With our third and final list of Oscar-nominated LGBTQ+ titles, we hope to spotlight a few hidden gems that might not have made it onto your Pride month queue before.
And once you make it through this list, mark your calendars for some upcoming 2021 queer releases: I Carry You with Me (June 25), Ailey (July 23), Everybody’s Talking About Jamie (September 17), as well as Beauty, Benedetta, and Flee, with release dates to be confirmed.
When police lieutenant Laurel Hester was diagnosed with stage four lung cancer in 2005, she learned that her pension benefits could not be passed to her domestic partner Stacie simply because the two weren’t in a heterosexual marriage. Freeheld, which won the Oscar for Best Documentary Short, records their exhausting fight against the county’s discriminatory policies. Eight years later, it became a feature-length drama starring Julianne Moore and Elliot Page, thanks to a screenplay by gay activist and writer Ron Nyswaner.
With his intensely personal documentary about the murder of his brother, Yance Ford became the first trans man and first trans director ever nominated for an Oscar. While Strong Island is undoubtedly interested in how race, masculinity, and class contribute to the murder (and the family’s difficulties after that), Ford’s trans identity and queerness are interwoven into the recollection of events. While Ford never came out to his brother, he movingly remembers one of their last phone calls, when “it felt like [my brother] was talking the real me.”
Over the last decade, reporter-turned-filmmaker David France has built quite the impressive, queer-focused resume. How to Survive a Plague (for which he picked up an Oscar nomination) is his first of three documentaries. Making good use of his background as an investigative journalist, France highlights the FDA’s frustrating and damning reluctance to make the development of HIV/AIDS medication a priority during the height of the crisis.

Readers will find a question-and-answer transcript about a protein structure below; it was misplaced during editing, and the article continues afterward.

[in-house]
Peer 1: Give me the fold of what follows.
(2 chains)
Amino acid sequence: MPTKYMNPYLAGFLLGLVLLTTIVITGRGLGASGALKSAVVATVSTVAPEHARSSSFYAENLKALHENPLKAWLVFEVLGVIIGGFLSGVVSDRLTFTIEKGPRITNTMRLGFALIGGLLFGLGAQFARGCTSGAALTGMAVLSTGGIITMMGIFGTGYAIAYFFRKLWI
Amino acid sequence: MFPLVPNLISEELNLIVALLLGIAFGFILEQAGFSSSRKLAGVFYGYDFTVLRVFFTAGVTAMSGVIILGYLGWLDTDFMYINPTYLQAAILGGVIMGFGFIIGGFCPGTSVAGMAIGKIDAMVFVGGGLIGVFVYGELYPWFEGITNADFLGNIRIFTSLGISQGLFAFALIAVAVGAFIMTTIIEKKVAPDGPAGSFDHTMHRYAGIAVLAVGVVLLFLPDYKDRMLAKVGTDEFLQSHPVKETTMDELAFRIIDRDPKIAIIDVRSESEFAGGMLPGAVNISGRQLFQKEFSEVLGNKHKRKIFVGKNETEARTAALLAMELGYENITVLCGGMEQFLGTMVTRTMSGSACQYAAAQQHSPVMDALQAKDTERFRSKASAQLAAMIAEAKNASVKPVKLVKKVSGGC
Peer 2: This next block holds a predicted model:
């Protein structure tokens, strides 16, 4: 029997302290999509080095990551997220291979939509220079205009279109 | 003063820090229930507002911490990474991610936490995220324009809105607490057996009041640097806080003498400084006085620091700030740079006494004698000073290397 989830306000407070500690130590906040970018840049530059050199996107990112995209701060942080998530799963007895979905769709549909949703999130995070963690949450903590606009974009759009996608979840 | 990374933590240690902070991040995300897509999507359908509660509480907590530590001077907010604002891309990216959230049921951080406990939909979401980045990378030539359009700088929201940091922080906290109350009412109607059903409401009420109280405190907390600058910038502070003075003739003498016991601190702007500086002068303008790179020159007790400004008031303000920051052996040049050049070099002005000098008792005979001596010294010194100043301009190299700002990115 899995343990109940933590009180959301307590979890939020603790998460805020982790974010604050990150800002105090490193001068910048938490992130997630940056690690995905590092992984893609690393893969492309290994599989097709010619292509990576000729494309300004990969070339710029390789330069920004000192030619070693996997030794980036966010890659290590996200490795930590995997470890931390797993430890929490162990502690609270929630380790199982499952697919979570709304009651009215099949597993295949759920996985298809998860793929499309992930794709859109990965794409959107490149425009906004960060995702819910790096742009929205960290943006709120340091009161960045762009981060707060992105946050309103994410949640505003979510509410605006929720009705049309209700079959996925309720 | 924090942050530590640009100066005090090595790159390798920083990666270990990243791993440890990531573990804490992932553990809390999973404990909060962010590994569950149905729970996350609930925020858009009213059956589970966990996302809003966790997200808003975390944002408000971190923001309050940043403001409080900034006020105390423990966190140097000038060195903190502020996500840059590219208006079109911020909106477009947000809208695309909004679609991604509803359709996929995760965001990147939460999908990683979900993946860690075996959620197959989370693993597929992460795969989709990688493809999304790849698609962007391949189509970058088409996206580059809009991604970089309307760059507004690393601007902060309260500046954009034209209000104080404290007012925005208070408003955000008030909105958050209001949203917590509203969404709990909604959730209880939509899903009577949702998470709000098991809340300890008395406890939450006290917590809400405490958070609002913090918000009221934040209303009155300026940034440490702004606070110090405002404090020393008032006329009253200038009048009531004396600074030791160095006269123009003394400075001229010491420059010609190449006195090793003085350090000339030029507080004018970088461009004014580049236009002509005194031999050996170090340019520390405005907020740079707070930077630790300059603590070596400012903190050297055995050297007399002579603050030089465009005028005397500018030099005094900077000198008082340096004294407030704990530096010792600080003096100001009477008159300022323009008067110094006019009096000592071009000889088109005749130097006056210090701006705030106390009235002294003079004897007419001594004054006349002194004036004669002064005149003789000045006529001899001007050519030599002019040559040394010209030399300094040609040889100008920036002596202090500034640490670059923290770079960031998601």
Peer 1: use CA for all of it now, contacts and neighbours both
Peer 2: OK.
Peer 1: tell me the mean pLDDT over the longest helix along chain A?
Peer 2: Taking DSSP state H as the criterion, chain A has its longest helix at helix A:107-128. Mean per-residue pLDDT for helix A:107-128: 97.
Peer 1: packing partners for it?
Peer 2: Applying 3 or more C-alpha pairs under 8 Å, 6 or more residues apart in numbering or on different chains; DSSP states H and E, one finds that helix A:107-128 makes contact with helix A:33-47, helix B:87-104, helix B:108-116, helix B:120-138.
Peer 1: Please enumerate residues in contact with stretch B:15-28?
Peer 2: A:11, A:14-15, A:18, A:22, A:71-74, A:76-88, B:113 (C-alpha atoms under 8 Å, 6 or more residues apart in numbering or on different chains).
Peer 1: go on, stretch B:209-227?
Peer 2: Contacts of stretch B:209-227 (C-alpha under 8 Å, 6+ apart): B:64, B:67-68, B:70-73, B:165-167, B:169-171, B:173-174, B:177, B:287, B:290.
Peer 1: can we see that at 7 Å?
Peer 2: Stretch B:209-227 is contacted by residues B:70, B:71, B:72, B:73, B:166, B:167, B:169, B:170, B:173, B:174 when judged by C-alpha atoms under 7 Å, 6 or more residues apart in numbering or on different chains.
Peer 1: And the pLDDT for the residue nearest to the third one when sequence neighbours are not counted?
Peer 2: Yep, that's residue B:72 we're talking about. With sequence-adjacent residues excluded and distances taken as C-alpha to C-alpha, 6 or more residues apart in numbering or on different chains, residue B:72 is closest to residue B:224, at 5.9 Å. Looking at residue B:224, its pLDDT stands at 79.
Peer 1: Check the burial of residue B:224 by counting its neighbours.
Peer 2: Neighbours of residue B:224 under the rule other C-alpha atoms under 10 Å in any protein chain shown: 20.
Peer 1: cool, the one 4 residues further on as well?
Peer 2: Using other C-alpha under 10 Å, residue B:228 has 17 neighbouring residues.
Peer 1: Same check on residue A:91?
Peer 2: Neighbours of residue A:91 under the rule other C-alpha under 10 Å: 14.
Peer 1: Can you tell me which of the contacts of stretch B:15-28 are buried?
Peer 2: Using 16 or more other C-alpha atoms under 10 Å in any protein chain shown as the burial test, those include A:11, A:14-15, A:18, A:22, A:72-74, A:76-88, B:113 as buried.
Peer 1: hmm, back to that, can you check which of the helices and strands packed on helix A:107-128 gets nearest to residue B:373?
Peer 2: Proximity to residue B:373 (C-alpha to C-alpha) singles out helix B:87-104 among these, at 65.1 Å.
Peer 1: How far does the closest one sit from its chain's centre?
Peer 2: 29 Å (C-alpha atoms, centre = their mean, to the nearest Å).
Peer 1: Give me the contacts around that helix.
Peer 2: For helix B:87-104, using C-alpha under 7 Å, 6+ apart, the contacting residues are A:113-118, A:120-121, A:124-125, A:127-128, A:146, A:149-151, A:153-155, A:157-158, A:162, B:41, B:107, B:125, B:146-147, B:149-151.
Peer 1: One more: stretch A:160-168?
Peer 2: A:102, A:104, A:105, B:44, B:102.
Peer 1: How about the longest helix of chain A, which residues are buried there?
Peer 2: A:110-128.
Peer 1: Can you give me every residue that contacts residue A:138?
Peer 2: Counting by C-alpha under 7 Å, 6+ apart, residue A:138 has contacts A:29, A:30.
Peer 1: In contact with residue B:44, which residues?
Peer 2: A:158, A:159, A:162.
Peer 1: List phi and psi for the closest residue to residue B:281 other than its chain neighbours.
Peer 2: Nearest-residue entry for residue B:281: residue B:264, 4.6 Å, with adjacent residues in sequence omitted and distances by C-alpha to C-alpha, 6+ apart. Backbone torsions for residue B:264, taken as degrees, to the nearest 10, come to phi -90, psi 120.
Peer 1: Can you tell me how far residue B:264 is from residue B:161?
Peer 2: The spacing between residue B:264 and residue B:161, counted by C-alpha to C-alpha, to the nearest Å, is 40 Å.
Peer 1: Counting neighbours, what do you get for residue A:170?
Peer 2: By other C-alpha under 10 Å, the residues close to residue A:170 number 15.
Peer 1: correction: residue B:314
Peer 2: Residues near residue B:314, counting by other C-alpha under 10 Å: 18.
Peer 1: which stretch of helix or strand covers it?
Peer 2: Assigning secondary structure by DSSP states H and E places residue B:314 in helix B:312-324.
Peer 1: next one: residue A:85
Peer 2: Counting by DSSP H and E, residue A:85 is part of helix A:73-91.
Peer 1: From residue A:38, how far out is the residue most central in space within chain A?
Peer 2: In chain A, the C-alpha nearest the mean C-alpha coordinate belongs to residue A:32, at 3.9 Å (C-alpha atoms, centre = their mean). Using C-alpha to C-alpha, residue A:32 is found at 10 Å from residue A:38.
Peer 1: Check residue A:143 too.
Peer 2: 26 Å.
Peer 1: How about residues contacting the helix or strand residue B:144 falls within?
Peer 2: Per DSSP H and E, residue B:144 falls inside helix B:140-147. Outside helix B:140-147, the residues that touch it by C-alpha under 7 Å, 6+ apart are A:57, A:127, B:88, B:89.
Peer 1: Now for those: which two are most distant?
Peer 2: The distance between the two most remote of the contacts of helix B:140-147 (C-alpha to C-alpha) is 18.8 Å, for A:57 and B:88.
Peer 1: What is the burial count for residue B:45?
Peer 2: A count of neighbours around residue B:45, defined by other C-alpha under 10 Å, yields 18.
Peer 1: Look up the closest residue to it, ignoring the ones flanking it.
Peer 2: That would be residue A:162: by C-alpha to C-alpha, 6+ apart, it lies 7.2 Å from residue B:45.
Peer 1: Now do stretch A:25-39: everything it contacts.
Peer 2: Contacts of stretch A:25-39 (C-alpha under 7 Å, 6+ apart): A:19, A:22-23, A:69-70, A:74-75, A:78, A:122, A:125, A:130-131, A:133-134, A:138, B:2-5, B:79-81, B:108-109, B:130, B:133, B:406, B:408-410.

His other works include The Death and Life of Marsha P. Johnson, which profiles and investigates the unresolved death of the gay rights icon and Welcome to Chechnya, which documents the rescue of young queer folks out of anti-LGBTQ+ region. The latter made the Oscars shortlist for both Best Doc and Best VFX last year.
The first on-screen kiss between two women happened earlier than you might think: all the way back in 1930, when Marlene Dietrich, playing a nightclub singer in Morocco, plants one on a woman in the audience. While their kiss isn’t much more than just part of the show, Morocco was also a bit avant-garde in its bending of gender norms: in the same scene, Dietrich looks dashing in a top hat and full tuxedo, which was quite a controversial outfit for a woman in the 1930s.
Marguerite is a quiet and soft-spoken elderly woman growing old in her home, alone, except for when Rachel, her hired caretaker, comes to check-in. After learning that Rachel is a lesbian, Marguerite is reminded of her own long-lost love affair with a woman—and all the regrets, desires, and what-if’s that come with it. Through all of this, the two build a tender friendship that reflects on what it means to be queer at different ages and in different times. The 19-minute Canadian film was nominated for the Best Live Action Short Oscar and is available for free on Vimeo.